The first time I publicly shared my story was an inadvertent sharing. I’d started an Instagram account with my students to discuss and explore the impact of social media. As a class, we decided to use my notebook as the focal point of the account because I always had it with me in class. One of my students was a photography major and I was an amateur photography buff, so we love the challenge of trying to take photos of the notebook that would be interesting and garner “likes.” This was six years ago. I remember that we were so amused and amazed that a notebook, on its own, could generate a following.
And we continued doing that for the entire unit, once we were done studying it in class, I kept going. I had always loved my notebook and the fact that it had an account gave me some to do that distracted me from my problems. One day, I opened it up and photographed it laying flat with the writing exposed. I personally loved the sight of the written word and thought it would make an aesthetically pleasing picture. It did. It got a lot of attention. I honestly thought the writing was actually too small for anyone to read, not realizing that one could zoom in on the words. It wasn’t until people started to comment on what was written that I realized I’d shared the contents of my journal with others. Behind the scenes, I was dealing with the very painful and difficult breakdown of my marriage, something I’d kept very private, even with friends. Now, something that began as an experiment in a writing class had resulted in me putting my personal life on display.
But as much as I was on display, I found value in the fact that my story resonated with others. Not only did it help me to feel not so alone, but I felt like it helped others as well. I was writing to give meaning to what I was going through and to make sense of the things that were happening in my life, but at the time I felt so alone. Not only did I feel alone, at the time, I felt embarrassed and ashamed. I honestly felt as if no one could possibly understand what I was going through. But people did. People connected with my story. Some had been through similar things themselves and that made me feel so alone. Reading my stories made other people feel like they could open up about their own lives. Still, others offered me support, which was much needed at the time. And, of course, I think for some, watching the train wreck that was my life, was entertainment or a distraction from their own lives, not really my intention or goal, but I suppose there's some value in that, as well.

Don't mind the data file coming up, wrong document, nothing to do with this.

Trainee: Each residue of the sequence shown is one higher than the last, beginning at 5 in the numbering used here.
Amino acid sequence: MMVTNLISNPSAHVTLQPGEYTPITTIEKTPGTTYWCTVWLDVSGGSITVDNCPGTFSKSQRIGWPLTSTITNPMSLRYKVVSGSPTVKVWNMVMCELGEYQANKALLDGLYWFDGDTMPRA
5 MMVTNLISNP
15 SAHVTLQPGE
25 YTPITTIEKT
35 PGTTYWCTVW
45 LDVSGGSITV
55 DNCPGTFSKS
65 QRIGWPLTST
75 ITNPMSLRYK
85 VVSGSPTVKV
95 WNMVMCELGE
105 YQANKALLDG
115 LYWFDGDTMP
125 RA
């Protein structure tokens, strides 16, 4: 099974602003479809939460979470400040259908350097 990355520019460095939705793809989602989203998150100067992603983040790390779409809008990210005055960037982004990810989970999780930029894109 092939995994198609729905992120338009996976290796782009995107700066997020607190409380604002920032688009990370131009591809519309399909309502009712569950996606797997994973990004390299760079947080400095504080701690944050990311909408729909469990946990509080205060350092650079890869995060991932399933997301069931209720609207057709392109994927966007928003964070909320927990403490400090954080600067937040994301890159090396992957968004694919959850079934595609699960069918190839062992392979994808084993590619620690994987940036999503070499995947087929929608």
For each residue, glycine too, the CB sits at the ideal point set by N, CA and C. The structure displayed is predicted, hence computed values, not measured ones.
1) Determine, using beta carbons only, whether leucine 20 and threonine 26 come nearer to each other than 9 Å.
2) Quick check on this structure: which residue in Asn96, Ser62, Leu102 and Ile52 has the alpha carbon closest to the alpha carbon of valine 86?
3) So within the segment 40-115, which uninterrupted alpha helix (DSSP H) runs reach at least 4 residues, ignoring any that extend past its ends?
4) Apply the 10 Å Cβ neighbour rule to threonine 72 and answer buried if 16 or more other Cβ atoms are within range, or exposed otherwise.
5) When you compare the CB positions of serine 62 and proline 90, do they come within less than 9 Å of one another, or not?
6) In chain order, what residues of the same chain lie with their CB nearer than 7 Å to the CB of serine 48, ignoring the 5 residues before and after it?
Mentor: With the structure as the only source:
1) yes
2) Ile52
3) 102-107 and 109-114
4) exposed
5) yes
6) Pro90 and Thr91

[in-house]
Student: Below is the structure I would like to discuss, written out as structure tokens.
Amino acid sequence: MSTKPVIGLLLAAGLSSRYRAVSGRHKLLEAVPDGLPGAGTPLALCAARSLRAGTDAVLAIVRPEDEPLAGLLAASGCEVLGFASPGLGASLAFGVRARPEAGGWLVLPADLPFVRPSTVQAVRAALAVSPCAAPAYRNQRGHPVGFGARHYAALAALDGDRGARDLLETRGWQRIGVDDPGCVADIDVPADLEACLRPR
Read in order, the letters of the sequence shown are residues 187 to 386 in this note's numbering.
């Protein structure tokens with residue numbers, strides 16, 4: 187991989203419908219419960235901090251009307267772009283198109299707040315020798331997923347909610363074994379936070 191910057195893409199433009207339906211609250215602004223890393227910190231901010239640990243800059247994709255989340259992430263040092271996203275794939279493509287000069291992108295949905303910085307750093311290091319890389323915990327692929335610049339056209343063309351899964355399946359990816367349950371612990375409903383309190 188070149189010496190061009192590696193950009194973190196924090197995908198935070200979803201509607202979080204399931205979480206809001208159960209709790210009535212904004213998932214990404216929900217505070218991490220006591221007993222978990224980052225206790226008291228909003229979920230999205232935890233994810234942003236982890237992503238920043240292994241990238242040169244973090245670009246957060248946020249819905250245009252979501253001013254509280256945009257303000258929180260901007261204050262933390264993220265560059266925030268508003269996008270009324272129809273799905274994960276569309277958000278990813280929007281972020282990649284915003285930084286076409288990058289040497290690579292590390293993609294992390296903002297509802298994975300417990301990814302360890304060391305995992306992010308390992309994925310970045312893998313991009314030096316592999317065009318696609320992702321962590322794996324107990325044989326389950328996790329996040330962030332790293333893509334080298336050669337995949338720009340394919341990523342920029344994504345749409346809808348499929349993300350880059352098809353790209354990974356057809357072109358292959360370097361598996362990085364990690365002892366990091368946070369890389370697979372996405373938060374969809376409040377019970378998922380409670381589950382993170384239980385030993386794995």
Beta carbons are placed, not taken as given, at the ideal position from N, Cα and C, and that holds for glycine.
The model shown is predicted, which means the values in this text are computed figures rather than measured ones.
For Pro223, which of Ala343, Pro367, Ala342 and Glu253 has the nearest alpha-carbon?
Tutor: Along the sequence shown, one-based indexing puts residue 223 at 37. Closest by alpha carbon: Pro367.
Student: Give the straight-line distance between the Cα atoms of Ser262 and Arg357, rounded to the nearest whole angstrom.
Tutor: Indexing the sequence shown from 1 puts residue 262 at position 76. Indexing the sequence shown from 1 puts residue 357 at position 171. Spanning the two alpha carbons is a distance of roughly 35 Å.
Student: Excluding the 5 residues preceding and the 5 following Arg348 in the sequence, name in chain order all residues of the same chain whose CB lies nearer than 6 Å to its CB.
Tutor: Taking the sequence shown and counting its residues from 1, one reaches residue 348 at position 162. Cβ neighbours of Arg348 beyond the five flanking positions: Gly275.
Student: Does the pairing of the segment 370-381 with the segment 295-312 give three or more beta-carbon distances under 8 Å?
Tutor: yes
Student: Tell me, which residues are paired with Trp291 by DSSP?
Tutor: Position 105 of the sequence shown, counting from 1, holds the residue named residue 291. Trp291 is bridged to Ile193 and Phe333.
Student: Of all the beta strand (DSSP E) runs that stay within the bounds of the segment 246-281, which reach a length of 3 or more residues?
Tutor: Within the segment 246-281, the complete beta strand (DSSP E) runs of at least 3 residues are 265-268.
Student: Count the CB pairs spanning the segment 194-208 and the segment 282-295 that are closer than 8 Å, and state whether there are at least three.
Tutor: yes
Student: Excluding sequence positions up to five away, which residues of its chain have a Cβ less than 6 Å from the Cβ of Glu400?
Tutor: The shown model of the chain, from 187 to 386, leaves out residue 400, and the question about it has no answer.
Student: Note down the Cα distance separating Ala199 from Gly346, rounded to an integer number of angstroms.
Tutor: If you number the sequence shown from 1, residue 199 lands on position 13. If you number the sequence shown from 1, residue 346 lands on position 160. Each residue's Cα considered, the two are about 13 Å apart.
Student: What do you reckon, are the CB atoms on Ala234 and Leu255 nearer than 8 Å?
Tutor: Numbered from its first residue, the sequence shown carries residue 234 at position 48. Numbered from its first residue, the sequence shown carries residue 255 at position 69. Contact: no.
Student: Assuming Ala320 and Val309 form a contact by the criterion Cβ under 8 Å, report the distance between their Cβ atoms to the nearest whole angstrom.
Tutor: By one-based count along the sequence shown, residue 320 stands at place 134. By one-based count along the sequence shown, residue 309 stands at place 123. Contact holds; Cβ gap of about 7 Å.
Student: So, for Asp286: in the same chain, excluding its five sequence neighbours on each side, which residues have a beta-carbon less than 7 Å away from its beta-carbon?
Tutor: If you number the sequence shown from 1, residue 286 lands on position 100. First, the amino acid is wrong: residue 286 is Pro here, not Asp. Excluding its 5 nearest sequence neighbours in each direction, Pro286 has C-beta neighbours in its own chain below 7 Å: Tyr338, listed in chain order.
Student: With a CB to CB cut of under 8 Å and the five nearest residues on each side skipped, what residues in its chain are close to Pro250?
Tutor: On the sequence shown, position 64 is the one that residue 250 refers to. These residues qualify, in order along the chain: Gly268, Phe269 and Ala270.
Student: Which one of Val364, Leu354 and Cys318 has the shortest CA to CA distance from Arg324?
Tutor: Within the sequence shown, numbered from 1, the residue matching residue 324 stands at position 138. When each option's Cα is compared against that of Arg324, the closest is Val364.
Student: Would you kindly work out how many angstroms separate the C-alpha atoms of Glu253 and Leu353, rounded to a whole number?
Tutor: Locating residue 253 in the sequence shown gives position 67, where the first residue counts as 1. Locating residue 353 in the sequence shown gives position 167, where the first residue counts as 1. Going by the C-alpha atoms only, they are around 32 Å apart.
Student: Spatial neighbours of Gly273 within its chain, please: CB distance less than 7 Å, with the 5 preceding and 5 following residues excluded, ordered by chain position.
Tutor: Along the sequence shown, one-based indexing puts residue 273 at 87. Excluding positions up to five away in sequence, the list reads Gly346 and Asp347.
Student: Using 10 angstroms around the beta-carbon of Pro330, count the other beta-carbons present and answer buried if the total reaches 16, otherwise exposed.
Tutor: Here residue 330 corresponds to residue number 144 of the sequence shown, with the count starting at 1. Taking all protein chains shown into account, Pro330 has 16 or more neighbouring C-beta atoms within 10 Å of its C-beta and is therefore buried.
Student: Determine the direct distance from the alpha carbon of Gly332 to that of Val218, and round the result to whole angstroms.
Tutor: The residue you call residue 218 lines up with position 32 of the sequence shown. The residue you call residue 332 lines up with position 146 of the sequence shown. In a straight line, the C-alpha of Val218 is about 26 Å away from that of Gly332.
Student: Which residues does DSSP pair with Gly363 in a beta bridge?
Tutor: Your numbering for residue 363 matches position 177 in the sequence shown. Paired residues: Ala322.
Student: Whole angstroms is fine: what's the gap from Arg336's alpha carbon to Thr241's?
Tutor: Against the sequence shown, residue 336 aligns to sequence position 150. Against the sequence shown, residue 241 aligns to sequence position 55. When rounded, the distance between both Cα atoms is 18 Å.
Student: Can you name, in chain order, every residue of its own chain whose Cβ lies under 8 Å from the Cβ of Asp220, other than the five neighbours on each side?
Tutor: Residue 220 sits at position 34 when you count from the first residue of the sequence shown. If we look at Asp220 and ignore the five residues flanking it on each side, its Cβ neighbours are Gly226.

And so began the public telling of my story, a class experiment that lasted for years and has taught me so much, so much about the value of story.
Story is what connects us as human beings. Unless we are bound as a family, story is usually the basis for mostly all bonded human relationships. When we first meet a potential romantic partner, new teacher, potential employer, new neighbor, or a friend, they want to know who we are. “Tell me something about yourself,” they might say, in so many words. And so, we begin, crafting a story of some length to give a stranger some sense of who we are, and then we are no longer strangers. We tell stories all day. Some are serious. Some are informative or persuasive. Some of them are funny. We tell all kinds of stories.
We are connected by the stories that we’ve created and shared with others. And we need others for our very survival. And that’s really quite powerful when you think about it, how stories connect us, and how we need those connections to survive, to exist. That is profound on a deep and existential level.
Not all stories that connect have to be stories of trauma and adversity or feel quite so serious and profound. In early October, I began toying with the idea of changing notebooks. After six years of using a Traveler’s Company Traveler’s Notebook, I thought about trying something different. On October 7th, I emailed Wakako at Baum-kuchen to inquire about a zippered organizer made by The Superior Labor that I’d seen on the studio’s website. In my email, I told her what I was looking for and she suggested a number of options. Eventually, I decided on the yellow TSL Zip Organizer, which was the subject of a recent unboxing on my Instagram account.
On the same day that it arrived and I made that video, I also emailed Wakako, asking her to tell me more about the company that made the organizer, The Superior Labor. The email that she sent back was about five or six paragraphs long and told a story that began with her discovery of her The Superior Labor Engineer Shoulder Bag that she’d purchased in Tokyo at one of the backstreet shops during a visit to Japan. I was so drawn in by her narrative, so much so that I read it more than once. There is a line in her narrative that resonated with me on so many levels. She wrote, “The only way I can describe [it] is that I feel that there is a soul in each artifact they produce.” This was in reference to the warmth that she felt when she picked up a TSL artifact. When she sent that email, I’d only had my organizer for a few hours, but I knew exactly what she meant. Today, more than a week later, I can truly agree with her.
Perhaps these handmade artifacts have stories to tell, and that’s what gives them their warmth and their soul because I feel that same way about storytelling and story. I feel like stories are at the core, the soul, of who we are as individuals and human beings -- even a story about something as simple as discovering a bag in a shop and connecting it to my zippered organizer, which connects the organizer to the bag and me to Wakako and shop on the backstreet of Tokyo, somehow connecting us as human beings.